The full effect of new drug introductions may not have been observed yet, MacEwan noted.

"There are fewer patients using the treatments for drugs approved in the later years of our study and less follow-up time to measure outcomes," she said. "Over time, utilization of the newer therapies will likely increase and the full effect on mortality will be observed."

Other Factors at Play

Multiple factors have led to the declines in mortality, said William G. Cance, MD, chief medical and scientific officer for the ACS, who was not involved in this study. "We are slowly sorting out the explanations in greater granularity."

MacEwan said improved cancer screening may partially explain the decline in mortality in some tumor types.

"If screening in a particular tumor type improved during the study period and tumors were diagnosed earlier, then mortality for that tumor type may decline," she said. "However, we did not find strong evidence to suggest that there were significant changes in screening during our study period. Breast cancer screening rates, for example, were stable over our study period."

Cancer screening is not as strong an influence as it should be, Cance said.

"The lung cancer screening rate is low. In breast and colorectal cancers, we need to double down on earlier screening," he said, noting that less than one-quarter of adults between ages 45 and 50 years are currently screened for colorectal cancer. The ACS recommends that people at average risk of colorectal cancer start regular screening at age 45.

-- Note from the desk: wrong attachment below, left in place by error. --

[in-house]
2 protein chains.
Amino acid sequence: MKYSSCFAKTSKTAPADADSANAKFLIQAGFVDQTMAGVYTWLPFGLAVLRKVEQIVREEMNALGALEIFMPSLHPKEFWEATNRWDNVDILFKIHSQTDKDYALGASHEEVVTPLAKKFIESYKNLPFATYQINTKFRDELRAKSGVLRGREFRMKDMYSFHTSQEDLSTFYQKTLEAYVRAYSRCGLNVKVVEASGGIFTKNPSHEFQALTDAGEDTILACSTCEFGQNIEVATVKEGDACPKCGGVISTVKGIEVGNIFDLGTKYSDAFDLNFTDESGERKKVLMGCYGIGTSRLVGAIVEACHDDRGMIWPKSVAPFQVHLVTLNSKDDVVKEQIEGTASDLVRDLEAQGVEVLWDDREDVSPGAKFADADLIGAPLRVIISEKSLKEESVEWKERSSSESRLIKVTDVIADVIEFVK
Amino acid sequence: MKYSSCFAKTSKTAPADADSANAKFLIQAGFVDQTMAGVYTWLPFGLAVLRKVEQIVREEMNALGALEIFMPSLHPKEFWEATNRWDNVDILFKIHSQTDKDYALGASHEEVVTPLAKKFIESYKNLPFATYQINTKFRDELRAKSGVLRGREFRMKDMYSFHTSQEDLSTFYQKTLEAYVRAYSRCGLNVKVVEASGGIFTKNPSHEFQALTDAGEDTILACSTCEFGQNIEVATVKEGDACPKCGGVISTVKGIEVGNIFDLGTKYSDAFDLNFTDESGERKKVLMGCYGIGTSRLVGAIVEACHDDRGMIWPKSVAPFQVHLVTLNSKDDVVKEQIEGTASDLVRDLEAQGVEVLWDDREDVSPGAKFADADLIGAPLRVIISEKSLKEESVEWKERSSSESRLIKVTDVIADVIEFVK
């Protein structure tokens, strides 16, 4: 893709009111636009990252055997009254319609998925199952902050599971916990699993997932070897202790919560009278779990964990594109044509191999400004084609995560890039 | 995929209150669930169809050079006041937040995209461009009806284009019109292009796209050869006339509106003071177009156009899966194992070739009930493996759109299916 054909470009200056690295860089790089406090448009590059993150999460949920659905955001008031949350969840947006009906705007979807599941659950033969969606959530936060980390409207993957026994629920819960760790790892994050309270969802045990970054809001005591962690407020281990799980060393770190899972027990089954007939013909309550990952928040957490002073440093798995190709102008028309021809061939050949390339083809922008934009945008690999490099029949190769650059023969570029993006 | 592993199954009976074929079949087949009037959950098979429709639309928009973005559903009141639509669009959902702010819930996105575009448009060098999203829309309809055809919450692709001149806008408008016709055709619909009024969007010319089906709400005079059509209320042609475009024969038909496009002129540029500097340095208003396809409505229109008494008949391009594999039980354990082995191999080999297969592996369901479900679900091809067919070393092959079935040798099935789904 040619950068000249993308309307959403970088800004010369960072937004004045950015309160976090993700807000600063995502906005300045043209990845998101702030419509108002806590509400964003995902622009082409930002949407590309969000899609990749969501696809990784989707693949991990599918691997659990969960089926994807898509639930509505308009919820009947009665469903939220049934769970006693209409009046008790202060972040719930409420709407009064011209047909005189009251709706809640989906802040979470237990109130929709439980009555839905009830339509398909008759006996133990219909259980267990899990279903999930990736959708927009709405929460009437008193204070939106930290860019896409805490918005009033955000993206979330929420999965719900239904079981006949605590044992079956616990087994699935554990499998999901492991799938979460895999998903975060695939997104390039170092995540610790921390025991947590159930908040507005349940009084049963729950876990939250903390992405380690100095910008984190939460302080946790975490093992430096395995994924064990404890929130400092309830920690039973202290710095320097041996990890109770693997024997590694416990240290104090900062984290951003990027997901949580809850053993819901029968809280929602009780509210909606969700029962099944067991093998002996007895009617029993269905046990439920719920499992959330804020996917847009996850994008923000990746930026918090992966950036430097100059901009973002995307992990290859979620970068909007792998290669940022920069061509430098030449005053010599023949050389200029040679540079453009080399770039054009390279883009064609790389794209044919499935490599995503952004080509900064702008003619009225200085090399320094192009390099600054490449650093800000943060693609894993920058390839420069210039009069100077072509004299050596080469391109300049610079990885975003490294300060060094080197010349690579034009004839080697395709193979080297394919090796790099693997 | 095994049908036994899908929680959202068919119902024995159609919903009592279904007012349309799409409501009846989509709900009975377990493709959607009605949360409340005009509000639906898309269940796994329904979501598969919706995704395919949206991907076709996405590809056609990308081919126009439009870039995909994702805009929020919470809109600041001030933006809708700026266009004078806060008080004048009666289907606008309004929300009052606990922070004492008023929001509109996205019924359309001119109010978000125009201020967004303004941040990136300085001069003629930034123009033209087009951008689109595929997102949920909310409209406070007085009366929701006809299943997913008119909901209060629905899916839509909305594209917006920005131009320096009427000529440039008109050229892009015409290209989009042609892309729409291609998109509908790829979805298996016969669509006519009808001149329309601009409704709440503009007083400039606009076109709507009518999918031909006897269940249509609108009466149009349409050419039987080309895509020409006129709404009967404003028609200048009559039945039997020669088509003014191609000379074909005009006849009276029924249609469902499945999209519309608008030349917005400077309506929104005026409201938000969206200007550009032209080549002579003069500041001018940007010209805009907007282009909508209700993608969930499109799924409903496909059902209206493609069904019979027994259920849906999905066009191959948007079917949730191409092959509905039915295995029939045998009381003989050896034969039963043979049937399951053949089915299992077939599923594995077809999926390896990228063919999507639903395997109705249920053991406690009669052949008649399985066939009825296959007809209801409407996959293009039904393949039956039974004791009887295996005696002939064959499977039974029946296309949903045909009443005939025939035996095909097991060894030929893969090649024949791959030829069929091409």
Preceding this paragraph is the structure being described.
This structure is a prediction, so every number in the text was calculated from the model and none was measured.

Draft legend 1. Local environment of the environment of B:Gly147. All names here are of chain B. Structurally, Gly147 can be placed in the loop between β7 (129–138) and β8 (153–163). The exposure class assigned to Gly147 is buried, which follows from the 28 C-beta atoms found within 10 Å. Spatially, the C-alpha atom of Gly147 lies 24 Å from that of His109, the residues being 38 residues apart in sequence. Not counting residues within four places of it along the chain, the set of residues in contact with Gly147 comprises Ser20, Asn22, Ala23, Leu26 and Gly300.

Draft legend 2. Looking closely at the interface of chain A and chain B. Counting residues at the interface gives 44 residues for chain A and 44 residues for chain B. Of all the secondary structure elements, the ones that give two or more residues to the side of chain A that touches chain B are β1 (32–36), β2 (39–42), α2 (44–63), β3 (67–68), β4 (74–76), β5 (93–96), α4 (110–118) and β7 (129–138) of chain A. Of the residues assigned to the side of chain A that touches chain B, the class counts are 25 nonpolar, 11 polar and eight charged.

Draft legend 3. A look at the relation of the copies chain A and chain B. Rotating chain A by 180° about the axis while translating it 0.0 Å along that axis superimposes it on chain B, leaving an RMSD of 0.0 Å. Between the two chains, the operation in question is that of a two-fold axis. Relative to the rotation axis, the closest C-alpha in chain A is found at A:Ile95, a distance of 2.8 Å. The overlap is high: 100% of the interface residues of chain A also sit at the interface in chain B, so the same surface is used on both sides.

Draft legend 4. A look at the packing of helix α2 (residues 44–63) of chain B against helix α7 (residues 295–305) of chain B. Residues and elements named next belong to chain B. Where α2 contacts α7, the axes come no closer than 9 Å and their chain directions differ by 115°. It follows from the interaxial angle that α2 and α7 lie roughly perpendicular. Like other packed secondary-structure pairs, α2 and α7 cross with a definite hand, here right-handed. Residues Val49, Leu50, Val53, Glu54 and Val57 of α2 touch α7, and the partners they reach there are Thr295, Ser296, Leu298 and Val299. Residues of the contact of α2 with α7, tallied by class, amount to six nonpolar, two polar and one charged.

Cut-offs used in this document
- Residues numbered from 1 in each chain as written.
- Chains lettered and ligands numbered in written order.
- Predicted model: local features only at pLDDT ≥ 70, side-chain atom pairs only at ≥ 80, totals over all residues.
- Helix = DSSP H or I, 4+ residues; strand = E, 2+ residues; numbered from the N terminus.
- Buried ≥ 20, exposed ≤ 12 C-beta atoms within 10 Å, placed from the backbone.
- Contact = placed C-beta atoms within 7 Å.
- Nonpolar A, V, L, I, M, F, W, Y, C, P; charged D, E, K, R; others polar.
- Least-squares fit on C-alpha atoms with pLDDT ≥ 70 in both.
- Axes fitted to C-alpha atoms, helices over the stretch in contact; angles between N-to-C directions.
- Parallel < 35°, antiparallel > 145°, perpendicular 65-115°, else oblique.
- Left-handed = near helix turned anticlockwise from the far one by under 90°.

More research is necessary to evaluate the relationship between drug approvals and cancer mortality, MacEwan said.

"Research directly linking utilization of new therapies to improved survival or reduced mortality in the real-world setting would more definitively demonstrate the impact of new treatments," she said. "New therapies have improved outcomes for many patients and should continue to be considered as key elements of cancer treatment."

"We need to continue to reduce tobacco smoking and improve on modifiable behaviors at the same time as we work on getting new drugs to cancer patients," Cance said. "We are coming into an era of multiple new therapeutics, including targeted therapies, immunotherapies, and cellular therapies. Clinicians need to look closely at the trial data of new drugs and pay close attention to those that have the most mortality impact."

"We also need equitable distribution of newer drugs," Cance added. "They should be distributed to everybody who deserves them. Mortality is often impacted by social determinants of health."

Funding for this research was provided by Pfizer. Study authors disclosed relationships, including employment, with Pfizer. Cance had no disclosures.

SOURCE: MacEwan JP et al. J Med Econ. 2020 Nov 9;1-12.

This article originally appeared on MDedge.com, part of the Medscape Professional Network.